United States Inflation October 2016

United States

United States: Inflation climbs to two-year high in October

November 17, 2016

In October, seasonally-adjusted consumer prices increased 0.4% from the previous month. The result came in slightly above the 0.3% increase in September and marked the fastest monthly increase in six months. October’s increase was on a par with market expectations and mainly reflected a boost in prices for energy, while food prices edged down. Inflation inched up from September’s 1.5% to 1.6% in October, the highest figure since October 2014.

Core consumer prices, which do not include food and energy prices, increased just 0.1% from the previous month, matching September’s reading and falling short of the 0.2% increase market analysts had forecast. Core inflation remained unchanged at September’s 2.2% in October.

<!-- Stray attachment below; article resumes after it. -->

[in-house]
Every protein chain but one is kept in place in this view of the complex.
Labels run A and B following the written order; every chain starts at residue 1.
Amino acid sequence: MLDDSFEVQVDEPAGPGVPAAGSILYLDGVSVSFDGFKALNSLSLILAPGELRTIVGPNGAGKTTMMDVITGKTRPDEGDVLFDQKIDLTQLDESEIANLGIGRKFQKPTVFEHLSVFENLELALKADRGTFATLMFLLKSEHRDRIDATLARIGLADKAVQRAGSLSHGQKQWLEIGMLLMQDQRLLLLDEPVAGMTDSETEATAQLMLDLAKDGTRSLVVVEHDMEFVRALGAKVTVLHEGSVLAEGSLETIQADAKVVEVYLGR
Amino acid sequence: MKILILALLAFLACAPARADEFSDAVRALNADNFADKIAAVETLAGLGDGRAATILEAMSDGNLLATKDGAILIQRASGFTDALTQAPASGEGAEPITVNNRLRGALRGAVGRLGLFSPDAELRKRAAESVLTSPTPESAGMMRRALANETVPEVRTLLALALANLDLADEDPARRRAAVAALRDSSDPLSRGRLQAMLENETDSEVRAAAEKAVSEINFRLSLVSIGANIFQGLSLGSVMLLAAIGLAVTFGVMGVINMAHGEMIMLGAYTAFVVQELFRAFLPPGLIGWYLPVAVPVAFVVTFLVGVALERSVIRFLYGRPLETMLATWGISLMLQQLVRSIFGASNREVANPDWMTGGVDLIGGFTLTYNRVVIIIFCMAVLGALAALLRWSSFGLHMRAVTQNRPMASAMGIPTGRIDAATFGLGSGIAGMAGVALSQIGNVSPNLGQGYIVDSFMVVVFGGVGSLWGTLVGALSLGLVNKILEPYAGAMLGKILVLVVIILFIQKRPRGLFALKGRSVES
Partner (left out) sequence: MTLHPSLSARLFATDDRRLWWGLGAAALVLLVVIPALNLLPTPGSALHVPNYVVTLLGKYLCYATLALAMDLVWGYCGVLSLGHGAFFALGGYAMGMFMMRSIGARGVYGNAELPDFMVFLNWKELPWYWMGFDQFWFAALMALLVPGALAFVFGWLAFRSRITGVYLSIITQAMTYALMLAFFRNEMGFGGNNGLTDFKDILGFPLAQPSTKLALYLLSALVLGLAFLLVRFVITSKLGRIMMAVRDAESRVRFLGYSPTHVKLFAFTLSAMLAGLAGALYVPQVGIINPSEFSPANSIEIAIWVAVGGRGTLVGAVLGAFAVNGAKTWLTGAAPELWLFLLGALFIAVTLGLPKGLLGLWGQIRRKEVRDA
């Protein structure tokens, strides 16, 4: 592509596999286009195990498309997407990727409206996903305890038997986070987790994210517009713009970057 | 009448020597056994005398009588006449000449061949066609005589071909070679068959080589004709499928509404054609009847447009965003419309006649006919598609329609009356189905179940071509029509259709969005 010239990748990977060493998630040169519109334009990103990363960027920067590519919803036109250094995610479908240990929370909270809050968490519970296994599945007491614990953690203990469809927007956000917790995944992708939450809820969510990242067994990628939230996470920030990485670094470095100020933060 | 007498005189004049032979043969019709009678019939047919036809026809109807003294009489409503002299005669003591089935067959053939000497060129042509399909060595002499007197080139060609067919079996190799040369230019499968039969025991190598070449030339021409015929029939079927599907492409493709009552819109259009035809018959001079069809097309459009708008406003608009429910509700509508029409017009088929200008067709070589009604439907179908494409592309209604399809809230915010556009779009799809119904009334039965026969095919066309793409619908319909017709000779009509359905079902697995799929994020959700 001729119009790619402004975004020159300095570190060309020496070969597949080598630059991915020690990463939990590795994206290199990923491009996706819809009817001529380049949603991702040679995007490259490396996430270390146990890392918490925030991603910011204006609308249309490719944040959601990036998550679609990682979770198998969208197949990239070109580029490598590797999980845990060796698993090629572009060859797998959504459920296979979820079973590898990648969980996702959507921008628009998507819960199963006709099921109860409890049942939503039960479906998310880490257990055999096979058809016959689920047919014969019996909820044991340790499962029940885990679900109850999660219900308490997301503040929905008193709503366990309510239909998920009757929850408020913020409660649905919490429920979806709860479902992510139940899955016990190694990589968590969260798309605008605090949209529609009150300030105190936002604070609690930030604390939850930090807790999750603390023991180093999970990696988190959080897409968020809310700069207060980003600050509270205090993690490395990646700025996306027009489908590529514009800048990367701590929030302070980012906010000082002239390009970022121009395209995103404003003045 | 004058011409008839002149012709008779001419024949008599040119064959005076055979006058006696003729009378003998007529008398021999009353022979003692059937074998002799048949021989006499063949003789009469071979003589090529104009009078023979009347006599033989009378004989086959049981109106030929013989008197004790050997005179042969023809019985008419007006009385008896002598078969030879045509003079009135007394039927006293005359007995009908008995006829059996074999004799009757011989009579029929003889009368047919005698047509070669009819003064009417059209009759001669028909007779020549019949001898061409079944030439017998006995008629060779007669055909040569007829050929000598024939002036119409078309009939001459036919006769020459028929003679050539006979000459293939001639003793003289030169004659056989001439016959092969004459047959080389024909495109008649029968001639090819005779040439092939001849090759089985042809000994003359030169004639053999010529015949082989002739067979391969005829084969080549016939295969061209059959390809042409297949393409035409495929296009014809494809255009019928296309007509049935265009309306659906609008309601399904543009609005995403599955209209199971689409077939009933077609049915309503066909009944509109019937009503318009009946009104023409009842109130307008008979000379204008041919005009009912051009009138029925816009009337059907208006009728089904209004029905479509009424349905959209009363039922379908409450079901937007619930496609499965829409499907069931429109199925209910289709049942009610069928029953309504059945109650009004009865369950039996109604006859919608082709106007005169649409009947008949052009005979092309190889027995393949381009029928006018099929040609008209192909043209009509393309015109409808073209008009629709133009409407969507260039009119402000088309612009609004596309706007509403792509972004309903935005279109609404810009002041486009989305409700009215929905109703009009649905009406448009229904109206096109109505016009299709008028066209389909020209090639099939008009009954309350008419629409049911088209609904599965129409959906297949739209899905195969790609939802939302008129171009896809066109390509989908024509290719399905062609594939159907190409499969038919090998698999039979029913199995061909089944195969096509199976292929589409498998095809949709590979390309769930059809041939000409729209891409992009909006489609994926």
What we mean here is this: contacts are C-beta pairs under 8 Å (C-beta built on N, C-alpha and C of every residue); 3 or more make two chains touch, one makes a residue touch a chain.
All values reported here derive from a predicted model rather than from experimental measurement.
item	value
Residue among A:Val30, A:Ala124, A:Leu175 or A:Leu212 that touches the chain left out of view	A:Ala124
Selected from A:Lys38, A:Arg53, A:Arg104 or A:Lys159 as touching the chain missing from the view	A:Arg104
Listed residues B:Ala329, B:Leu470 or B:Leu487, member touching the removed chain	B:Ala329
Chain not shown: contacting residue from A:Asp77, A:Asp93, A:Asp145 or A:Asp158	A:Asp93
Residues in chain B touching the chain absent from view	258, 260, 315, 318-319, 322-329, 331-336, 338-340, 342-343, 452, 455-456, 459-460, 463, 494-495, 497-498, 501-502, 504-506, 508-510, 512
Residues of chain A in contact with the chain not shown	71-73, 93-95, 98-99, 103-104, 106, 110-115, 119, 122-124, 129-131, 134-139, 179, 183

Although the Federal Reserve targets an alternative measure of inflation called the personal consumption expenditures price index, it also follows the core inflation measure closely to judge whether inflationary pressures are increasing in the economy.

FocusEconomics Consensus Forecast participants expect inflation to average 1.3% in 2016, which is unchanged from last month’s forecast. For 2017, the panel expects inflation to average 2.2%, which is also unchanged from last month’s estimate.

Author:, Senior Economist

Sample Report

Looking for forecasts related to Inflation in United States? Download a sample report now.


United States Inflation Chart

USA Inflation October 2016

Note: Year-on-year and month-on-month variation of seasonally-adjusted consumer price index in %.
Source: Bureau of Labor Statistics.

United States Economic News

More news

Search form